As a hypnobirthing teacher and antenatal teacher I seem to spend an inordinate amount of my life discussing the process of breathing. Just getting the air in and getting it out again so that you can get more in – this act looms very large at this time of a woman’s life. It also looms large for a baby at the beginning of life so perhaps that’s another reason why we antenatal teachers, doulas, midwives etc seem sometimes a bit obsessed with breathing.
At an NCT class, there are usually a few sceptical eyebrows raised when I mention breathing as a way to cope with labour. Many people instantly dismiss the idea that “just breathing” can help with labour pain. For example, this morning I read an otherwise very good blog article by a new-ish dad – about the misinformation around childbirth which is perpetuated by the film industry. The blogger, to my disappointment, rather dismissed the concept of the “stereotypical Lamaze class” and the idea that “birth is all about breathing”. He made a very good point, on the other hand: namely that movie directors focus on breathing because it’s visual and aural, and makes for a good gag. But he could have added an observation that has often popped into my mind: that the breathing which movie directors are most fond of depicting is actually the wrong sort of breathing for contractions.
How many times have you seen a woman in a movie in the back of a car being rushed to hospital (she’s had about four contractions so the baby probably won’t appear for many hours yet – why the rush?) going “whoo, whoo, whoo, whoo” in short, tight pants? Lots of times, I’ll bet. She’s probably wearing short, tight pants as well, since this is Hollywood. But I digress.
The quick panting breath is a style I teach all my clients, and it’s a good one to know about. But I really would be surprised if anyone found it helpful right at the beginning of labour unless they are one of those rare people who have 45 minute labours. The quick panting breath – “imagine you are blowing out four birthday candles and then a long blow at the end” – is one you might use at the end of labour, at the birthing phase, when the baby is emerging into the light – not at the beginning phase.
All the quick panting breath achieves is to dampen down the woman’s natural, very powerful urge to bear down. Now, for birth to progress well we should be encouraging mums to do what their bodies are telling them, not going against it, so why would this be a good idea? The answer is that for most women it won’t be needed at all. But for some situations the quick panting breath is helpful because it slows things down a little bit: when the midwife needs to unloop an umbilical cord from around a baby’s neck; when the midwife has identified that the cervix is unevenly dilated and has a swollen bit – the “anterior lip” (a bit debatable this one); or it might just that the midwife wants the ensure the perineum stretches nice and slowly to minimise tearing.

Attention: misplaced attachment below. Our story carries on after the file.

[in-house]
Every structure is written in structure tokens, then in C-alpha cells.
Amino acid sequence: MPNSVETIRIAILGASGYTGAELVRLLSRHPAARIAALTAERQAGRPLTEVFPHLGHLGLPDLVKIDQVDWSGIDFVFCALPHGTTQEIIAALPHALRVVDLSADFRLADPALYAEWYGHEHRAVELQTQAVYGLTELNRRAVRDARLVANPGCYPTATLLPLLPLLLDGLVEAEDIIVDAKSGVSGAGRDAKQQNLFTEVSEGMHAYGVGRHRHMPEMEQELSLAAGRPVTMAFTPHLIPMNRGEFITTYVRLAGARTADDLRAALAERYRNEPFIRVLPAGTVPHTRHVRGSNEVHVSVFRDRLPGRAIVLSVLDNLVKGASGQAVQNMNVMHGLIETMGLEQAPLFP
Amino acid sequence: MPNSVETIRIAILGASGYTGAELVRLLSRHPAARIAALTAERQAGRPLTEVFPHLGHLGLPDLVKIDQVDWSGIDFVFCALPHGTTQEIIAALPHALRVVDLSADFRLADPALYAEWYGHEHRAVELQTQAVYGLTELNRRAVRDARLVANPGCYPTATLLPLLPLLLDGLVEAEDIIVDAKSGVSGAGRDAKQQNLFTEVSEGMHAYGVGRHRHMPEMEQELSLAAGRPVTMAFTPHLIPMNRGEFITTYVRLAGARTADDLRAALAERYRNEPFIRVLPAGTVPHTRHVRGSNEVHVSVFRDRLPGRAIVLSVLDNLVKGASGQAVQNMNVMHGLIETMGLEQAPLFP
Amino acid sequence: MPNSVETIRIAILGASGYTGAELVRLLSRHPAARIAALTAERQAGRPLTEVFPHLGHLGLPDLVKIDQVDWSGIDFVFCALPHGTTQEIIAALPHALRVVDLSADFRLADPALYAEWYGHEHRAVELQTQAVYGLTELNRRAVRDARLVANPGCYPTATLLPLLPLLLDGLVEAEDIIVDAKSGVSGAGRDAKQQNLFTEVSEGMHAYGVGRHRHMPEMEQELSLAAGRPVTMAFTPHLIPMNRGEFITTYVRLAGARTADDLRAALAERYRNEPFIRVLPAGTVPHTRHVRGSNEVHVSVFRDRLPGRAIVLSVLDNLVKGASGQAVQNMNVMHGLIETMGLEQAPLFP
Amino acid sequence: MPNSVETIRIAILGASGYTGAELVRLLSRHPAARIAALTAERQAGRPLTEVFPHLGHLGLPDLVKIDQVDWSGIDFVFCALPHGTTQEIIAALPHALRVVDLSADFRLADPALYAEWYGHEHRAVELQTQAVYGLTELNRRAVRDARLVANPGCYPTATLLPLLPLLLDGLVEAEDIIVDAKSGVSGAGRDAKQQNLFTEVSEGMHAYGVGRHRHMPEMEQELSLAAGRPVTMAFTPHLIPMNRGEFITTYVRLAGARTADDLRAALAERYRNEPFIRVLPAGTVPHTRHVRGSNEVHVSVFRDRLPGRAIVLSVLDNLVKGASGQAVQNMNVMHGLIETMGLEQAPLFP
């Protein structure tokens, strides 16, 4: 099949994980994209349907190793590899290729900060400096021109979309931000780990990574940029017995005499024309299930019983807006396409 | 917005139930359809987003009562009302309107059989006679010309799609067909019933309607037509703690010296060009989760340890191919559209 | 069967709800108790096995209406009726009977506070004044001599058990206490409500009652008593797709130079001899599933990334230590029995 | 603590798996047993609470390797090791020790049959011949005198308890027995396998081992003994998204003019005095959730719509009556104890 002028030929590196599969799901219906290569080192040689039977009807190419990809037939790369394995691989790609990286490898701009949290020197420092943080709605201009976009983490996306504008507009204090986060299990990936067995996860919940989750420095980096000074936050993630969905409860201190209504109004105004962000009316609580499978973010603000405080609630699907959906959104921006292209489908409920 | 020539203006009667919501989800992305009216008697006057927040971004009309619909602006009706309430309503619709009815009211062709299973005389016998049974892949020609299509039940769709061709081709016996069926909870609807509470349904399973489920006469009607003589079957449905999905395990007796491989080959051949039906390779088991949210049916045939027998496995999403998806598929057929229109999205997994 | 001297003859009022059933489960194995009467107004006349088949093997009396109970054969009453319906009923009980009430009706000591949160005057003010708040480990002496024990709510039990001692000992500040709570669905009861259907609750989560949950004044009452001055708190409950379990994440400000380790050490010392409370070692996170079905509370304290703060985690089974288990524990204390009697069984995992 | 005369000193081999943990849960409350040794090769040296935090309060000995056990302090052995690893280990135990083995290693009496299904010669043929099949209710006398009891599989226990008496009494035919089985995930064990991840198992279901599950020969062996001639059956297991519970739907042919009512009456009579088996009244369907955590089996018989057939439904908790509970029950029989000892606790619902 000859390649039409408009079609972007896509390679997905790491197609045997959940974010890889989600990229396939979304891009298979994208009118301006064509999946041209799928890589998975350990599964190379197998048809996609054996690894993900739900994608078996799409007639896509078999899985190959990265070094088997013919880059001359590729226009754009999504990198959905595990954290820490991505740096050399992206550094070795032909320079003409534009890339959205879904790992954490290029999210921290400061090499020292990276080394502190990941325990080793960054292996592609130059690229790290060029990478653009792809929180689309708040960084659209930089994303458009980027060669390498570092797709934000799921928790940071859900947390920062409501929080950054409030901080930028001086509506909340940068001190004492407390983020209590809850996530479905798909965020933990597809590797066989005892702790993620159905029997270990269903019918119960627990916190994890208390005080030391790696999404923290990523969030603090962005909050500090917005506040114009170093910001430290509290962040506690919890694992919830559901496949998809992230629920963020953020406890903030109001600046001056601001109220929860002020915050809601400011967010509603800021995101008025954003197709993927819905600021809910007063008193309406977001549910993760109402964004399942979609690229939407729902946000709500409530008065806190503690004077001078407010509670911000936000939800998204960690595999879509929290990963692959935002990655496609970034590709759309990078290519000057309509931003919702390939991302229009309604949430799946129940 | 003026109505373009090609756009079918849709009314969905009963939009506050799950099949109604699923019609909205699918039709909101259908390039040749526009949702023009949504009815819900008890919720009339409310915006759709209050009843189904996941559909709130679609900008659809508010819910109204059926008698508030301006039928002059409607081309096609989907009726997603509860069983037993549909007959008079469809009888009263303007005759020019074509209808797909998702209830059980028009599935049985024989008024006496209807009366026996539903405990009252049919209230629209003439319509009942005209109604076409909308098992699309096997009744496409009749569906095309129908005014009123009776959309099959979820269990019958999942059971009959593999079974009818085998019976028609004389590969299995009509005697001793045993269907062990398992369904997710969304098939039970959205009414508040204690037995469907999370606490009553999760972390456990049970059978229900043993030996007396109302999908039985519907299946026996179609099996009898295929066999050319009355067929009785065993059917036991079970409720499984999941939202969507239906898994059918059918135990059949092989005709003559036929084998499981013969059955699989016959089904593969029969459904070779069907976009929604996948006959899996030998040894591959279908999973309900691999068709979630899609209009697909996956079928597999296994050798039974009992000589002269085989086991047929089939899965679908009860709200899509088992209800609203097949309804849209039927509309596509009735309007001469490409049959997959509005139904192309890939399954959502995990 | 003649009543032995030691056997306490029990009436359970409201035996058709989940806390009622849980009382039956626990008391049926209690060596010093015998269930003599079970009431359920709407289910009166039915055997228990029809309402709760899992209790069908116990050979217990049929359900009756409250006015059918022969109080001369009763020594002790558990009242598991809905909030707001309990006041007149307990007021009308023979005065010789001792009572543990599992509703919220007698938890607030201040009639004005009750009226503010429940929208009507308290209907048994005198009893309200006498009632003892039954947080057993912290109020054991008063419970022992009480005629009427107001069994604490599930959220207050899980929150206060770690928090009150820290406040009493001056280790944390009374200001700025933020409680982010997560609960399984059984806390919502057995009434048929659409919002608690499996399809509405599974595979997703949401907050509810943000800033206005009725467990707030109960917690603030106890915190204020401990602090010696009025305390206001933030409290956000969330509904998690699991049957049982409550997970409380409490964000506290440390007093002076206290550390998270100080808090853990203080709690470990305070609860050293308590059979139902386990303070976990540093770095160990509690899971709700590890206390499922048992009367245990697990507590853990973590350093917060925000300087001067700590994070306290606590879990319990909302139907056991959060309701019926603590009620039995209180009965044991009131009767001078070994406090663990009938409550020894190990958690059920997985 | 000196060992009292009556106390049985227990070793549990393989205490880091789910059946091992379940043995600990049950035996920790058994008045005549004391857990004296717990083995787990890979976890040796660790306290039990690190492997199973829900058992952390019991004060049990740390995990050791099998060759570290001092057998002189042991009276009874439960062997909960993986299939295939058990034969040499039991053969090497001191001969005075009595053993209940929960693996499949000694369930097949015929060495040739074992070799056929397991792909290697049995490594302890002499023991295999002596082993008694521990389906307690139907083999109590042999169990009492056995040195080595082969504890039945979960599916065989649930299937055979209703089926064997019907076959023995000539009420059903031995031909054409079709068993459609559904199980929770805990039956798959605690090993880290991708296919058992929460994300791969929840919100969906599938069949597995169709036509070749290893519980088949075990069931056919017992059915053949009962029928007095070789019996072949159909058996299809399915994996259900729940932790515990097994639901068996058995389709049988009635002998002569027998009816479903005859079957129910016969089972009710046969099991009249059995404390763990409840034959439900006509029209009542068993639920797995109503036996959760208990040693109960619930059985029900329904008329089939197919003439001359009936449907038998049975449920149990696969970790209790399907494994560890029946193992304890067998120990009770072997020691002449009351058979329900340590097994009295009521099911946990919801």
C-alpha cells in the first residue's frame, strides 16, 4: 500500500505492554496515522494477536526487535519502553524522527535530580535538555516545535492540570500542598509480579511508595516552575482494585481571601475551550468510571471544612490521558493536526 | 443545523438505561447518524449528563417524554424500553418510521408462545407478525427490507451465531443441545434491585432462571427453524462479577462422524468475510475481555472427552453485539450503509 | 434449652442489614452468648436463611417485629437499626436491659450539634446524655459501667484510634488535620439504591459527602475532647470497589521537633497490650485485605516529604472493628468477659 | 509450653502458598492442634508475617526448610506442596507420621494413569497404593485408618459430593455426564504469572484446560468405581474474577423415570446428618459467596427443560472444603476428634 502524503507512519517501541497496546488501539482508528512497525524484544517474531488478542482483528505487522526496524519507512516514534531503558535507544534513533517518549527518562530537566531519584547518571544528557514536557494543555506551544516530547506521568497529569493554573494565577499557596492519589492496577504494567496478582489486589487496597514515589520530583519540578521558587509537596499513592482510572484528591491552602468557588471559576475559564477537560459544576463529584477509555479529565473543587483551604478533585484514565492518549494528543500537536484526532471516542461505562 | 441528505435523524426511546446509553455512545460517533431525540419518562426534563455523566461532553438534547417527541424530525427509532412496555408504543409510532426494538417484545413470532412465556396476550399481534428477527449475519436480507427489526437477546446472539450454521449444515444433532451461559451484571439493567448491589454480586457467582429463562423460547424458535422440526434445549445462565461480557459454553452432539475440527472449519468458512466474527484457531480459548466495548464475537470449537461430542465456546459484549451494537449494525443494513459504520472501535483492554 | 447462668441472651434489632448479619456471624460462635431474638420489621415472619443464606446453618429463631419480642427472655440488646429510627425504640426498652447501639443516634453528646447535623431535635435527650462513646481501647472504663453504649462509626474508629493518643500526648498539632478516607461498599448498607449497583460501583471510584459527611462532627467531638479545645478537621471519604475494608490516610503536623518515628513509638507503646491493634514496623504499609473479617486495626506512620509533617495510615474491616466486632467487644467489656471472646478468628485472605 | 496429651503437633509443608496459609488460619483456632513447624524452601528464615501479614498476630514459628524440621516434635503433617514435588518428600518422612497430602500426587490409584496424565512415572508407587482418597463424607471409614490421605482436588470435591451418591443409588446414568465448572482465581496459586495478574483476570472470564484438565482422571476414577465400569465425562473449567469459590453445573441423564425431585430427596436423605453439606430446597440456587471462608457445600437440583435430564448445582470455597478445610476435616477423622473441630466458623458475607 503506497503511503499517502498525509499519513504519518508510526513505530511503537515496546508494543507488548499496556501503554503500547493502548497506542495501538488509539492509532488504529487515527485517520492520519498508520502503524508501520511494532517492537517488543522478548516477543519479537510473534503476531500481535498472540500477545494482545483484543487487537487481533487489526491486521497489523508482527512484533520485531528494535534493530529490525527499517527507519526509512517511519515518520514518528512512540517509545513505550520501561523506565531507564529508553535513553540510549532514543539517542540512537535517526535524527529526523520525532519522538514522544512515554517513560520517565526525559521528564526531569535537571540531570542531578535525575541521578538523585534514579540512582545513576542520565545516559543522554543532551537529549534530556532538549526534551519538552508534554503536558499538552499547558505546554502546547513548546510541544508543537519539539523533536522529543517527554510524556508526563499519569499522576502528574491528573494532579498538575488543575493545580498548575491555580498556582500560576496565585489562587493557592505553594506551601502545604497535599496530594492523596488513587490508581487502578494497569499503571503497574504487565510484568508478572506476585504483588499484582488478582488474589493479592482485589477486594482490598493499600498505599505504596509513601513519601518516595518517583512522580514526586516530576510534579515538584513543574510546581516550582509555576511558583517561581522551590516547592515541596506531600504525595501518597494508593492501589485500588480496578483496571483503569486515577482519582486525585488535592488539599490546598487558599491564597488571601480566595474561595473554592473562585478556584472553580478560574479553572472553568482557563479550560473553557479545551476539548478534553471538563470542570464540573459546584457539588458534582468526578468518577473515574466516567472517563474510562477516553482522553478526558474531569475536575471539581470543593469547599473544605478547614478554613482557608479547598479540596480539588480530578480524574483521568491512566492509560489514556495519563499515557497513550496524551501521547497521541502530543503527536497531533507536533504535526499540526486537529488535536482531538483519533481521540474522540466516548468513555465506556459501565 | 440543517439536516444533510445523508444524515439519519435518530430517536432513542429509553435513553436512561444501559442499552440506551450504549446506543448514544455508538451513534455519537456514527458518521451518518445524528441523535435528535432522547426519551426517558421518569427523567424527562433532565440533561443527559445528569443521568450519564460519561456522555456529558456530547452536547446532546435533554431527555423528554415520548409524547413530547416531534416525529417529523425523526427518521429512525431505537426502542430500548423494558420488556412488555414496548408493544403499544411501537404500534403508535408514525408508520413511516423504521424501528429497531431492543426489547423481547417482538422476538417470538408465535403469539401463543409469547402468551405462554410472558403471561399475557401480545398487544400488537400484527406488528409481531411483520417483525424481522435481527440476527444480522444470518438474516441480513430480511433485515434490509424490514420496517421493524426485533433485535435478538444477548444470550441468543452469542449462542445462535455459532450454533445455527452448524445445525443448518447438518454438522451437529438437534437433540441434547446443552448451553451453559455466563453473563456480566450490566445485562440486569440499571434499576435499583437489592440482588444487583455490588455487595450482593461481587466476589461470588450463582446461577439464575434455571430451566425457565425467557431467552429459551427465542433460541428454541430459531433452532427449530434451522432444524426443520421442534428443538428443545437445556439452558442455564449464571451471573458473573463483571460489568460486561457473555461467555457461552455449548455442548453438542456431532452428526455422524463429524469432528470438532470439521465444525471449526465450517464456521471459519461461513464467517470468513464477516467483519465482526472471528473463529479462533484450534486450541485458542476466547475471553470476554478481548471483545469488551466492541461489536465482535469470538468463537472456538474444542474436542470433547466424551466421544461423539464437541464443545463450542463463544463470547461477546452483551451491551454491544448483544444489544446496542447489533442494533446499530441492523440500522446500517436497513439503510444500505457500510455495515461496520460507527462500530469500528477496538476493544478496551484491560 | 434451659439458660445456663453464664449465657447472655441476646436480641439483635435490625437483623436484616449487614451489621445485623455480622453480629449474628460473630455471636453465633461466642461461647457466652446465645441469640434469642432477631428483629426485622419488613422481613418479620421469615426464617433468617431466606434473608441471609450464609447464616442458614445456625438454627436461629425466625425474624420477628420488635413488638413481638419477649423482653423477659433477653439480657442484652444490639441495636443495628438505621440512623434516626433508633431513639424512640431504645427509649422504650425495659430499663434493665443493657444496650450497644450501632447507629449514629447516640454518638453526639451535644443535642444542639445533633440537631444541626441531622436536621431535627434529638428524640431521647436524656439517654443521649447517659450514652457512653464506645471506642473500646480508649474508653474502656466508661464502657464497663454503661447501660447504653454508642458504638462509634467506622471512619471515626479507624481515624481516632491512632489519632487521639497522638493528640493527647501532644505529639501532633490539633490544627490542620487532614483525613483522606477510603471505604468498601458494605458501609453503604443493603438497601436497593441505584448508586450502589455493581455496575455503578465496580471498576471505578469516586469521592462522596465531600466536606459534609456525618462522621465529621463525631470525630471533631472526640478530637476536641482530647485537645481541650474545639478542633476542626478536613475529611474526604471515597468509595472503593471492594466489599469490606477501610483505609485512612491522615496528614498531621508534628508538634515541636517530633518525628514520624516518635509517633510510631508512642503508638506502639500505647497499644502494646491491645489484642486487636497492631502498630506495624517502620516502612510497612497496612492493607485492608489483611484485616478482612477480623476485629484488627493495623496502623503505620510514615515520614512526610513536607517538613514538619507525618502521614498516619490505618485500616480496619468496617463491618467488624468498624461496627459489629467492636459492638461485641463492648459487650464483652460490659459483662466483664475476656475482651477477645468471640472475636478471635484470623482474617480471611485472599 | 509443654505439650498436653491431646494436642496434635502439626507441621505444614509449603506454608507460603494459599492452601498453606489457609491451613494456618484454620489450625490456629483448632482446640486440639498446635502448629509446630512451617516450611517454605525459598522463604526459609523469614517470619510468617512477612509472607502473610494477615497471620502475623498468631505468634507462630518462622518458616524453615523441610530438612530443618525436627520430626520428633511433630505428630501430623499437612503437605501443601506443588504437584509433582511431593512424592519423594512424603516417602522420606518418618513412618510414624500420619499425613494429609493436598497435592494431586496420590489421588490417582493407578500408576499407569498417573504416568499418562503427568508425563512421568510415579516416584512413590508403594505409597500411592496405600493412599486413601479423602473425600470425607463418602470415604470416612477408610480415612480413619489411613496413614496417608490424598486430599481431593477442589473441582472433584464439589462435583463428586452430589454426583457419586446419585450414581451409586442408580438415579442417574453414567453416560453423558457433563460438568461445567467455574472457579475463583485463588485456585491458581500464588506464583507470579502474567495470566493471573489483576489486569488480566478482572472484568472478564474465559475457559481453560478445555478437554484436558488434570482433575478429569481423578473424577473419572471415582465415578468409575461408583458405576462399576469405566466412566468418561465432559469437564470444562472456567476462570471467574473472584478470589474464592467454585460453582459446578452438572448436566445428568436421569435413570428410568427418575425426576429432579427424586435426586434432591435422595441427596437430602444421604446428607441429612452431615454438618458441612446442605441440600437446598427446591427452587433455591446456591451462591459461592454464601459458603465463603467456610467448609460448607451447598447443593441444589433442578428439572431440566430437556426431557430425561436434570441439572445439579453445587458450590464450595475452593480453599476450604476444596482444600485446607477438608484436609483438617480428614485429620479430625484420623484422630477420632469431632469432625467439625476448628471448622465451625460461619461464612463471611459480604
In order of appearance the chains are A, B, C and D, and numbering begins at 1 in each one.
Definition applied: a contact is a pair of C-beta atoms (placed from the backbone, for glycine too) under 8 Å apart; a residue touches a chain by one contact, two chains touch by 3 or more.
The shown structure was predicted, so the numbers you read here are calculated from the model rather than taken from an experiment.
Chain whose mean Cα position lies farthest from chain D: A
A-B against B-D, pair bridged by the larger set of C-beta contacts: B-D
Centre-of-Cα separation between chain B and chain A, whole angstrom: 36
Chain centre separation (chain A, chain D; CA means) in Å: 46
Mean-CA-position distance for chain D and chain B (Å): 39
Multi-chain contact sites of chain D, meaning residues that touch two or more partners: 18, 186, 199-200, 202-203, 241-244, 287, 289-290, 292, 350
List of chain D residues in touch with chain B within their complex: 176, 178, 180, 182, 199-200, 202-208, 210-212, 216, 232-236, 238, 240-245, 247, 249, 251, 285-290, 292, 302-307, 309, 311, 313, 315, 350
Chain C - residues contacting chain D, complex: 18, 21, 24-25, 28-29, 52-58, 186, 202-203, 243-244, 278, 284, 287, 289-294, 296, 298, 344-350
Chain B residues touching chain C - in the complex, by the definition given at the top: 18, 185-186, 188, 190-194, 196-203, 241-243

The breathing that women do find incredibly useful in the first part of labour is universally recognised by midwives and teachers in all good childbirth teaching programmes, whether Lamaze, Hypnobirthing, Pregnancy Yoga or whatever. It comes in a variety of forms but however it is presented, howeverit’s described, the true labour breath utilises the fact that it is harder to be tense when breathing OUT than when breathing IN. Try it now. Tense your muscles and breathe in. Now breathe out and do it as slowly as you can. Do you find you are having to try extra hard to tense your muscles? In labour, the tenser the woman, the more the pain. And conversely, the more relaxed the woman, the less pain. So the more time she spends breathing out…the better.
Here is a short exercise to help you to find the kind of breathing which could be really helpful in labour. Of course, it would be even more helpful if you take a Hypnobirthing course! I think so, anyway!
Try taking a long slow breath in through your nose as though you were sniffing the scent of a beautiful, newly opened rose. Take it as slow as you like. Be aware of the the air entering your body. Be aware, too, of your mouth – keep it loose and floppy. Let your jaw relax.
Next: without holding your breath, close your eyes and breathe out through your mouth, allowing your mouth to be soft and floppy. Make your OUT breath very long but not so long as to be in any way uncomfortable. If you like, you could imagine that you are blowing a feather away across the room…not blowing it up into the air but straight ahead of you – across a table top, for example.
As you do this, drop your shoulders, notice your hands and arms being floppy. Now do it again. About 6 breaths like this, maybe five, maybe four, depending on your lungs, and a minute is gone.
One minute = one contraction. So if you practice this a few times you know how many breaths you need to get through one contraction…and to be one step closer to meeting your baby.
Now add a lovely low humming noise, even a moan or a moo…but that’s a subject for another blog post.